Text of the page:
Saturday, October 28, 2006

Restaurants - The 5-8 Club Tavern & Grill

Minneapolis, MN



The ”Jucy Lucy” is an original south Minneapolis concoction; two hamburger patties pressed together with cheese in the center. Most say this was invented at Matt’s Bar in Minneapolis. However, the 5-8 Club Tavern & Grill also claims this as their own. With a history dating back to 1928, the 5-8 Club got its start as a “speakeasy” during Prohibition. Today, they are known for serving up fantastic burgers and sandwiches, especially their version of the "Juicy Lucy."

Friday, October 27, 2006

Restaurants - Sawatdee

St. Paul, MN



Sawatdee is a pioneering restaurant of sorts. Opening in St. Paul in 1983, they were one of the first Thai restaurants in Minnesota. According to their web site, they were also one of the first in the entire five-state area! Their popularity has allowed for growth and expansion, and Sawatdee continues to serve their deliciously exotic and spicy cuisine in seven different locations in and around the Twin Cities and St. Cloud.

Saturday, October 21, 2006

Restaurants - Lions Tap

Eden Prairie, MN



What originally started out in this location in 1933 as a vegetable stand that began serving beer, today the Lions Tap in Eden Prairie serves some of the best hamburgers in the Twin Cities. This modest restaurant along Flying Cloud Drive has received numerous awards and accolades for their burgers, both locally and nationally. Their slogan, simply put, is “Famous Hamburgers.” And they are darn good.

Monday, October 16, 2006

Places - Faribault

Faribault, MN



Located south of the Twin Cities on Interstate 35, Faribault is a city of roughly 20,000 people. It was established in 1852 by Alexander Faribault, a fur trader and entrepeneur. Faribault has an astonishing number of buildings listed on the National Register of Historic Place (more than 40), and they have a beautiful downtown area where cars still park diagonally. And remember that “Tilt-A-Whirl” ride from the summer carnivals? It was built here by a company called Sellner Manufacturing.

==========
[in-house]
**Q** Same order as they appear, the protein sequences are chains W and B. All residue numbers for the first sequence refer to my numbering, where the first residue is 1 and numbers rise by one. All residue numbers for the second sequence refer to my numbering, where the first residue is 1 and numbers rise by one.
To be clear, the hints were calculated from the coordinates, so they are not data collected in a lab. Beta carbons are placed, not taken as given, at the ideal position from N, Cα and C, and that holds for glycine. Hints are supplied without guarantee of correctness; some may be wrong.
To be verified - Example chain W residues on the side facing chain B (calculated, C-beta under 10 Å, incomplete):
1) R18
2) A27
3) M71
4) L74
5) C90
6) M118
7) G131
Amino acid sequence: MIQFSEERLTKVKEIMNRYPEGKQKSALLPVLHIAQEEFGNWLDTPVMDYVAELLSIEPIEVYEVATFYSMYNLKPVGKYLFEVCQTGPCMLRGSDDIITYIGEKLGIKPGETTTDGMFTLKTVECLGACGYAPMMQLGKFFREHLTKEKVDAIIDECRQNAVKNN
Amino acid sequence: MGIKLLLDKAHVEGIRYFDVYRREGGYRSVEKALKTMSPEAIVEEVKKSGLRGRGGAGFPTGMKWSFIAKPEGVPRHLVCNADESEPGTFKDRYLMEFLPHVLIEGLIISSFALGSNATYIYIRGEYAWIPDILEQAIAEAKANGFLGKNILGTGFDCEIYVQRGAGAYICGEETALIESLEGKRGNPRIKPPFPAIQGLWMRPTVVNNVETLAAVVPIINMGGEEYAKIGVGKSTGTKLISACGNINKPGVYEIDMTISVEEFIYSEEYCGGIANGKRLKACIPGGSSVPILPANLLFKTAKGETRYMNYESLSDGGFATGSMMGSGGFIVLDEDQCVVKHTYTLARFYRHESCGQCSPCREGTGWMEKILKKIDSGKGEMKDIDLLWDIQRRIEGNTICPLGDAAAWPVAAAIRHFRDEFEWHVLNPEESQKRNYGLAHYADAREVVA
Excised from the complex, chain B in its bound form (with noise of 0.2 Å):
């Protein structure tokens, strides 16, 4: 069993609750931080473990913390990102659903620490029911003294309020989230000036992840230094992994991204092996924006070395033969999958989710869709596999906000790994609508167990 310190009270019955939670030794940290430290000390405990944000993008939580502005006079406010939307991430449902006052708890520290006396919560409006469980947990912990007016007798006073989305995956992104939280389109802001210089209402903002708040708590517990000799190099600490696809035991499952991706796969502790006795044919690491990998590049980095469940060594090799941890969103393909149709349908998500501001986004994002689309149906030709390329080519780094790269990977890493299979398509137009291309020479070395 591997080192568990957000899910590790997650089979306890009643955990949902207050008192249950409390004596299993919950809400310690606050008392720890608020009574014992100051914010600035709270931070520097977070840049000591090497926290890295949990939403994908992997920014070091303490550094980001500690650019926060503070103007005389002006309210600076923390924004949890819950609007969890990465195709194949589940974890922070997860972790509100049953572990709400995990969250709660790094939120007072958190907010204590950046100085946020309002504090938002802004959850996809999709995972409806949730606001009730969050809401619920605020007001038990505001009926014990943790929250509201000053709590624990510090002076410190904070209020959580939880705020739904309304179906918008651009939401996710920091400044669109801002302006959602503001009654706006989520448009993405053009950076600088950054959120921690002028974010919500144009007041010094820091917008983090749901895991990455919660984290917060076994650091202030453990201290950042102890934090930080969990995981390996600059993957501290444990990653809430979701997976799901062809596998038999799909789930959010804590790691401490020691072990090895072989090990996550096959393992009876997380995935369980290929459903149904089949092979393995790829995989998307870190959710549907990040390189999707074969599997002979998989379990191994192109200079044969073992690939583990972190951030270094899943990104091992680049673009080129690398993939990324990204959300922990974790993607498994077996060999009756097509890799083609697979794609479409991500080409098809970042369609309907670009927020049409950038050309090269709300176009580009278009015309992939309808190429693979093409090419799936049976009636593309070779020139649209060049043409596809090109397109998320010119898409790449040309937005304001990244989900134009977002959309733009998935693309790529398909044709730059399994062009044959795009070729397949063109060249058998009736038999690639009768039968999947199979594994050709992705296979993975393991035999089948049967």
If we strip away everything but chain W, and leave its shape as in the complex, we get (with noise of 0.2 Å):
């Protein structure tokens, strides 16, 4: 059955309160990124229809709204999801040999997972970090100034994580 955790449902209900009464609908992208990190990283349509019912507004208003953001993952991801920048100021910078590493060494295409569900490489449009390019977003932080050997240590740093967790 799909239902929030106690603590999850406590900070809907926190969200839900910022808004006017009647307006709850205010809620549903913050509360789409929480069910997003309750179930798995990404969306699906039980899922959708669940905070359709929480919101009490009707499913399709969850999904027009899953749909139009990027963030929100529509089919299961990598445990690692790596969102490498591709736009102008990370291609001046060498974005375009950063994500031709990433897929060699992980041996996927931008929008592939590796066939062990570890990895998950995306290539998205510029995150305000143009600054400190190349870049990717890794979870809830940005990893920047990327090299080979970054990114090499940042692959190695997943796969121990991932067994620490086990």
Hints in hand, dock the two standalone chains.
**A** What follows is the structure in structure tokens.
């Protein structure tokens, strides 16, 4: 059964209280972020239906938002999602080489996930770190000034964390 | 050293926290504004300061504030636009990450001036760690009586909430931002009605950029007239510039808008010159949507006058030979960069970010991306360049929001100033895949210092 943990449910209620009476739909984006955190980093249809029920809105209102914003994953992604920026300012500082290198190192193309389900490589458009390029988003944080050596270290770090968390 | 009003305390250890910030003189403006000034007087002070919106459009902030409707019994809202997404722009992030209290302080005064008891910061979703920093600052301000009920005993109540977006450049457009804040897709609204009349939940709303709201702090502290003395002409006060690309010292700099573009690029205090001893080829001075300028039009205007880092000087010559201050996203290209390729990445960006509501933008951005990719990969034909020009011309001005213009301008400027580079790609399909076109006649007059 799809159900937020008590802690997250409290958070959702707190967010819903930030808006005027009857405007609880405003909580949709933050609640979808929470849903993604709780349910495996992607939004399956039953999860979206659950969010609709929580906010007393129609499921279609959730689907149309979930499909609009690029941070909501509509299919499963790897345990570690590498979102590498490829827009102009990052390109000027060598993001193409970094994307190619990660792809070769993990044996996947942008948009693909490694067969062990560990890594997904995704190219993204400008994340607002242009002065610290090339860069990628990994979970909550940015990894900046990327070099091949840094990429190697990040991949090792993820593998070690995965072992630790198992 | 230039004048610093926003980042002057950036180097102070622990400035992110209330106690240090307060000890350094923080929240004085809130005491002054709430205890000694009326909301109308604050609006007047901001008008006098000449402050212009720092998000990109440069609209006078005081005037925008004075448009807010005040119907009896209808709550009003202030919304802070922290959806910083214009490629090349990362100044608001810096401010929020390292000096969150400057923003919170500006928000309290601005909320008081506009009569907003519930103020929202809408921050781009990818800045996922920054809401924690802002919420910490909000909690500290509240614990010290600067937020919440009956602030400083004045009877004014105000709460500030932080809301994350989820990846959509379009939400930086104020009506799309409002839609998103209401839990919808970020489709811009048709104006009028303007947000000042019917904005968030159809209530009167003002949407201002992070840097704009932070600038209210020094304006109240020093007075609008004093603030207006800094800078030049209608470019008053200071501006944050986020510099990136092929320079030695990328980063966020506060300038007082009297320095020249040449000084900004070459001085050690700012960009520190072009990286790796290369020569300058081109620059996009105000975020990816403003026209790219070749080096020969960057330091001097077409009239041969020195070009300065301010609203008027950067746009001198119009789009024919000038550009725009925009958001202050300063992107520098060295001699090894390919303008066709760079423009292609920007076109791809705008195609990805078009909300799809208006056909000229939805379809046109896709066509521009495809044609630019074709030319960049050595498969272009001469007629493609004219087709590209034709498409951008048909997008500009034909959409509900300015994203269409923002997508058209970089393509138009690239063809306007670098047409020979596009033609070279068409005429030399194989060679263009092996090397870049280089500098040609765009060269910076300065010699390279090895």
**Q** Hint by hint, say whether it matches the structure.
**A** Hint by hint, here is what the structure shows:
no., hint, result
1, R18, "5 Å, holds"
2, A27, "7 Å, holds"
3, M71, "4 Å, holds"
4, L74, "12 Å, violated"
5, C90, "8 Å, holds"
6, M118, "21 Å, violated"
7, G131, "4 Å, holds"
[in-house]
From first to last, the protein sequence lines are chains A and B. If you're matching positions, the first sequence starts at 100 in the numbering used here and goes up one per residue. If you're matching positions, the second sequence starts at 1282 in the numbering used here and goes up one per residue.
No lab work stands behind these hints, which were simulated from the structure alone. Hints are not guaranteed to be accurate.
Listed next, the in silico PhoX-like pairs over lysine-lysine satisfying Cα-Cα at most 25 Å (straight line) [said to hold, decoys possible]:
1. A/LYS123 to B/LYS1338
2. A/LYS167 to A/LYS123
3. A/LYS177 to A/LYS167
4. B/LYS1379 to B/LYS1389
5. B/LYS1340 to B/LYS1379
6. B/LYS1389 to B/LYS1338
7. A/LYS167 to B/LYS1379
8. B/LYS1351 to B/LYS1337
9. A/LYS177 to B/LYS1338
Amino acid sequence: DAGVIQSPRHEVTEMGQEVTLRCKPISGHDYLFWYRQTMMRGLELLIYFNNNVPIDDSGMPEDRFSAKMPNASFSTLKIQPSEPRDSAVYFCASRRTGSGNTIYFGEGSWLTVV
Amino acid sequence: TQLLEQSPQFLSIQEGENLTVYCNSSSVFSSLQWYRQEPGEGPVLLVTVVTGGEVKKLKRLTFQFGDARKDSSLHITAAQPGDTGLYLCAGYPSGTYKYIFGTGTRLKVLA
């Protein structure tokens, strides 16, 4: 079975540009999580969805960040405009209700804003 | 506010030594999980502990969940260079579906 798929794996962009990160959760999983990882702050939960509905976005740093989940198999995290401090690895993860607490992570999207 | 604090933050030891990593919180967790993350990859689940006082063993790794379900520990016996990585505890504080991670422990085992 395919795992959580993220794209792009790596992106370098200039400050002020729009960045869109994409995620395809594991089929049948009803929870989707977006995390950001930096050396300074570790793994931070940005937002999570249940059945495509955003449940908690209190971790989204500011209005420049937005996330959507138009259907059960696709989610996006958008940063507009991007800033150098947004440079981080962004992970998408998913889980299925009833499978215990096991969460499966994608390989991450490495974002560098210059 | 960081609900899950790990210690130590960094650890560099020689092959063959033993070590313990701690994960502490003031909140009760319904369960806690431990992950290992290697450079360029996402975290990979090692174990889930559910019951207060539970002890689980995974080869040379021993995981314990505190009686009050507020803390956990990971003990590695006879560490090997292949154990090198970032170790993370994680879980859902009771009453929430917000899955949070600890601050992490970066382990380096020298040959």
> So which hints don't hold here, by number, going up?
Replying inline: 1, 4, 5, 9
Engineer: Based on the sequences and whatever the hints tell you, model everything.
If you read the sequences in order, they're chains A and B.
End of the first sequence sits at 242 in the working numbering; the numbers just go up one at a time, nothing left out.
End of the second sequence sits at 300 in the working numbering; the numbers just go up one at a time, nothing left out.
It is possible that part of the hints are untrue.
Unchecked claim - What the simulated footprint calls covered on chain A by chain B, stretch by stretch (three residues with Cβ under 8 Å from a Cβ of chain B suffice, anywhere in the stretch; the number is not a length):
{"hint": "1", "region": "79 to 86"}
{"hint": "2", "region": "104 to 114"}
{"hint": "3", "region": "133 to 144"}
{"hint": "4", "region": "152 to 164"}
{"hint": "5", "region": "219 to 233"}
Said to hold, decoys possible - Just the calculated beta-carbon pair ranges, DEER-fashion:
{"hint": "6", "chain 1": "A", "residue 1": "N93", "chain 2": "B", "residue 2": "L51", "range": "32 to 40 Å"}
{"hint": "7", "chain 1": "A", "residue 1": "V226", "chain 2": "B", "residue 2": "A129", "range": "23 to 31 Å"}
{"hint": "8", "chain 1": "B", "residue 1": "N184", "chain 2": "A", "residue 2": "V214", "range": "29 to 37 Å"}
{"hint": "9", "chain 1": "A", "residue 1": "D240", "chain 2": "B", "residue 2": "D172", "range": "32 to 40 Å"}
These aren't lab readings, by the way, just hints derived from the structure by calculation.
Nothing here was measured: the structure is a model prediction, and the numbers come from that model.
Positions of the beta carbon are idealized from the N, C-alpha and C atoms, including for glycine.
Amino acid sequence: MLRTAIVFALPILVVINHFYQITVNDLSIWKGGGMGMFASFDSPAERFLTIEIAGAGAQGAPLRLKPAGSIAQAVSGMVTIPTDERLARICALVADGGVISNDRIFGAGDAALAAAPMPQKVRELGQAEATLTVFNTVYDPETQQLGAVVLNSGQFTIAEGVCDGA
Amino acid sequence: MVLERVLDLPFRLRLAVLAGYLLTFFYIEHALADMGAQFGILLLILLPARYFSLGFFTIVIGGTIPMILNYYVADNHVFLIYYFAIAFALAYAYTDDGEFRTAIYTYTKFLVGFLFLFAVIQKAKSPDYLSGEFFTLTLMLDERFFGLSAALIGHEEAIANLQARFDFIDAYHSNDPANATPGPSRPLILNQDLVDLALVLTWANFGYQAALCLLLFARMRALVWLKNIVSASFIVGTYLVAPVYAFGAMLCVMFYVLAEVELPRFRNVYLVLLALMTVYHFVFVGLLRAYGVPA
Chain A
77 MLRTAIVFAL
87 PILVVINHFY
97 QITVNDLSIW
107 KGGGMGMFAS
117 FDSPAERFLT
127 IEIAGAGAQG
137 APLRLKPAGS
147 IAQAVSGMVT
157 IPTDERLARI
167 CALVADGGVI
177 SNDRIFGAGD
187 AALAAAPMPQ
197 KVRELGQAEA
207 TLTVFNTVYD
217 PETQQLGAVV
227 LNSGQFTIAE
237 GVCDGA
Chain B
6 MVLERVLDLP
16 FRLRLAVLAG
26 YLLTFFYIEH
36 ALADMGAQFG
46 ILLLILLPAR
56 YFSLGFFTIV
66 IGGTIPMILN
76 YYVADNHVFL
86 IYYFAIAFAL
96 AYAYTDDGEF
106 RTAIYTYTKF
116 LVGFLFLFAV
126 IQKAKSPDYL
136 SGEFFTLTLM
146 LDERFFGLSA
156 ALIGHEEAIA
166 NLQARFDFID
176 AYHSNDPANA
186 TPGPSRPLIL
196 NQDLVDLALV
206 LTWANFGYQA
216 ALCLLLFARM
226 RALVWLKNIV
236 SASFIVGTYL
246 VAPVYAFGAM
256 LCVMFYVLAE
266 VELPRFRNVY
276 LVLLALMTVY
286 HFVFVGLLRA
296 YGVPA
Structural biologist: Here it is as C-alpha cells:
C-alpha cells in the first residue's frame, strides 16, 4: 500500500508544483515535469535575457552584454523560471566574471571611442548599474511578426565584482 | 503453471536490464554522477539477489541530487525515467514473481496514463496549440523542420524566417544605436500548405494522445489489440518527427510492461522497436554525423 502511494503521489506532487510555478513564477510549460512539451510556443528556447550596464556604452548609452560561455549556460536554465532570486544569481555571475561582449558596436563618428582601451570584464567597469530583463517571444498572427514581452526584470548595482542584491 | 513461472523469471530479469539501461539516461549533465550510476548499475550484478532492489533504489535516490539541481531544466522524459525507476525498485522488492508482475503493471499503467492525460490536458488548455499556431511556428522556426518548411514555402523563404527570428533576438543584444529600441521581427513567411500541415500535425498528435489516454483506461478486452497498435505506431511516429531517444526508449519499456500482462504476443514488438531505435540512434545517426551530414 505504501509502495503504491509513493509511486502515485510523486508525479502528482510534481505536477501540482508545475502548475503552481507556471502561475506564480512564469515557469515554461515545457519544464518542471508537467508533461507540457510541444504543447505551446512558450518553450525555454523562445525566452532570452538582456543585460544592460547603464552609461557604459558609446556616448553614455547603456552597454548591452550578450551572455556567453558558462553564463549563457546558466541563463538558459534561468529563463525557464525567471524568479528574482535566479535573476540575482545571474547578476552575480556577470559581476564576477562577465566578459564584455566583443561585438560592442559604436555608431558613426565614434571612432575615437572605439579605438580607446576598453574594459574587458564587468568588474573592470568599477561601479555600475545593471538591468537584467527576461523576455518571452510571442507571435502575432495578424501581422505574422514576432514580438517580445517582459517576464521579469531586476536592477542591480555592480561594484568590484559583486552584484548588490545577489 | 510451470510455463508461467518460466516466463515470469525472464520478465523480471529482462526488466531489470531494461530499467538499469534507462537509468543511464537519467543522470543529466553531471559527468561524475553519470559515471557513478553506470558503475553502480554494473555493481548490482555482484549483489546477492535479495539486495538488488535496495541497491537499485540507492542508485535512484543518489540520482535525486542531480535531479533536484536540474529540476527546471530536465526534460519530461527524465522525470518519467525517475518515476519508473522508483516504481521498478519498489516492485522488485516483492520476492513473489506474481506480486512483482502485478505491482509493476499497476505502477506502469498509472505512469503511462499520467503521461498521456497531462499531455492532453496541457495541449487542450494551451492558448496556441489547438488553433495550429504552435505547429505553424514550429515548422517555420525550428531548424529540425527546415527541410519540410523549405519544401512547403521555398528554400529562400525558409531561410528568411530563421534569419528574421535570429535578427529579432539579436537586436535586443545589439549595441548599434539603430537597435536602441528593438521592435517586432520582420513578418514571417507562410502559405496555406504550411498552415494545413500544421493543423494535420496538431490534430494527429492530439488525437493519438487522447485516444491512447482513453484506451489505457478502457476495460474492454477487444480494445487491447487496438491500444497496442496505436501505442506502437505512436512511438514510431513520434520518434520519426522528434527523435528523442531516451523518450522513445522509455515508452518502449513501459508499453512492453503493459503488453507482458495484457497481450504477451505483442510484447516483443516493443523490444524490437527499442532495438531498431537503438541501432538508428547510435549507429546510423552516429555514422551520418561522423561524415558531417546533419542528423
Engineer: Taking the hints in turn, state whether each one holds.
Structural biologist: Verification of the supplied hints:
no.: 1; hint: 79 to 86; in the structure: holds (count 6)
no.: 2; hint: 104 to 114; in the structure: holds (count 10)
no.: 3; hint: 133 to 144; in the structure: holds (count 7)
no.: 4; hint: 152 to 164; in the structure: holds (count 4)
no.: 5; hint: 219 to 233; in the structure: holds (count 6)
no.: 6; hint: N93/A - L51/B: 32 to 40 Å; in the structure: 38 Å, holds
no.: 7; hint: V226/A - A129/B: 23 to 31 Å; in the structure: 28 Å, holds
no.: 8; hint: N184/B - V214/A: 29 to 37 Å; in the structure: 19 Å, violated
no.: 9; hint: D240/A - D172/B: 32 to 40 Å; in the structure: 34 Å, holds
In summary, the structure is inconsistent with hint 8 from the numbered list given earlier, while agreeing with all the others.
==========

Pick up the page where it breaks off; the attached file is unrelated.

Friday, October 06, 2006

Quirky Stuff - Burko the Buffalo

Duluth, MN



On the east side of Interstate 35 as you head towards Duluth, you will see a large statue of "Burko" the buffalo. He has been standing there for decades guarding the entrance to the Buffalo House. Opened in 1972 in what is now referred to as the "Valley of the Buffalo," the Buffalo House has continually grown and expanded over the years. Under the watchful eye of Burko, it now features a restaurant, bar, campground, and even a sports complex.

Wednesday, October 04, 2006

Quirky Stuff - The Leaping Deer

Deerwood, MN



While driving through the city of Deerwood on Minnesota Highway 210, you cannot help but notice this majestic, leaping deer. Deerwood is the oldest town on the Cuyuna Range, and this statue is located in Elmer Park on the site of Deerwood’s original railroad depot.

Landmarks and History - Lutsen Resort

Lutsen, MN



Started in 1885 by Swedish immigrant, Charles Axel Nelson, Lutsen Resort is located right on the shore of Lake Superior at the mouth of the Poplar River. Some things have changed and modernized over the years, however Lutsen Resort still retains its rustic, north woods, and Swedish charm. It is known as Minnesota’s oldest resort.

Food - Russ Kendall’s Smokehouse

Knife River, MN



Scenic Highway 61 between Duluth and Two Harbors offers not only spectacular views of Lake Superior, but also some darn good smoked fish from Russ Kendall’s Smokehouse. A fixture on the North Shore for more than 80 years, this tiny little fish shop in the town of Knife River does all their own smoking and features a variety of fish and smoked meat products to choose from. Their specialties are the sugar-cured salmon and trout.

Quirky Stuff - The Crosby Sea Serpent

Crosby, MN



If you go to the Iron Range town of Crosby in north-central Minnesota, you might notice a rather sinister looking sea creature lurking the city park. No, it is not the Loch Ness Monster! In 1977, Crosby erected this large, colorful statue of a sea serpent along the shores of, appropriately enough, Serpent Lake.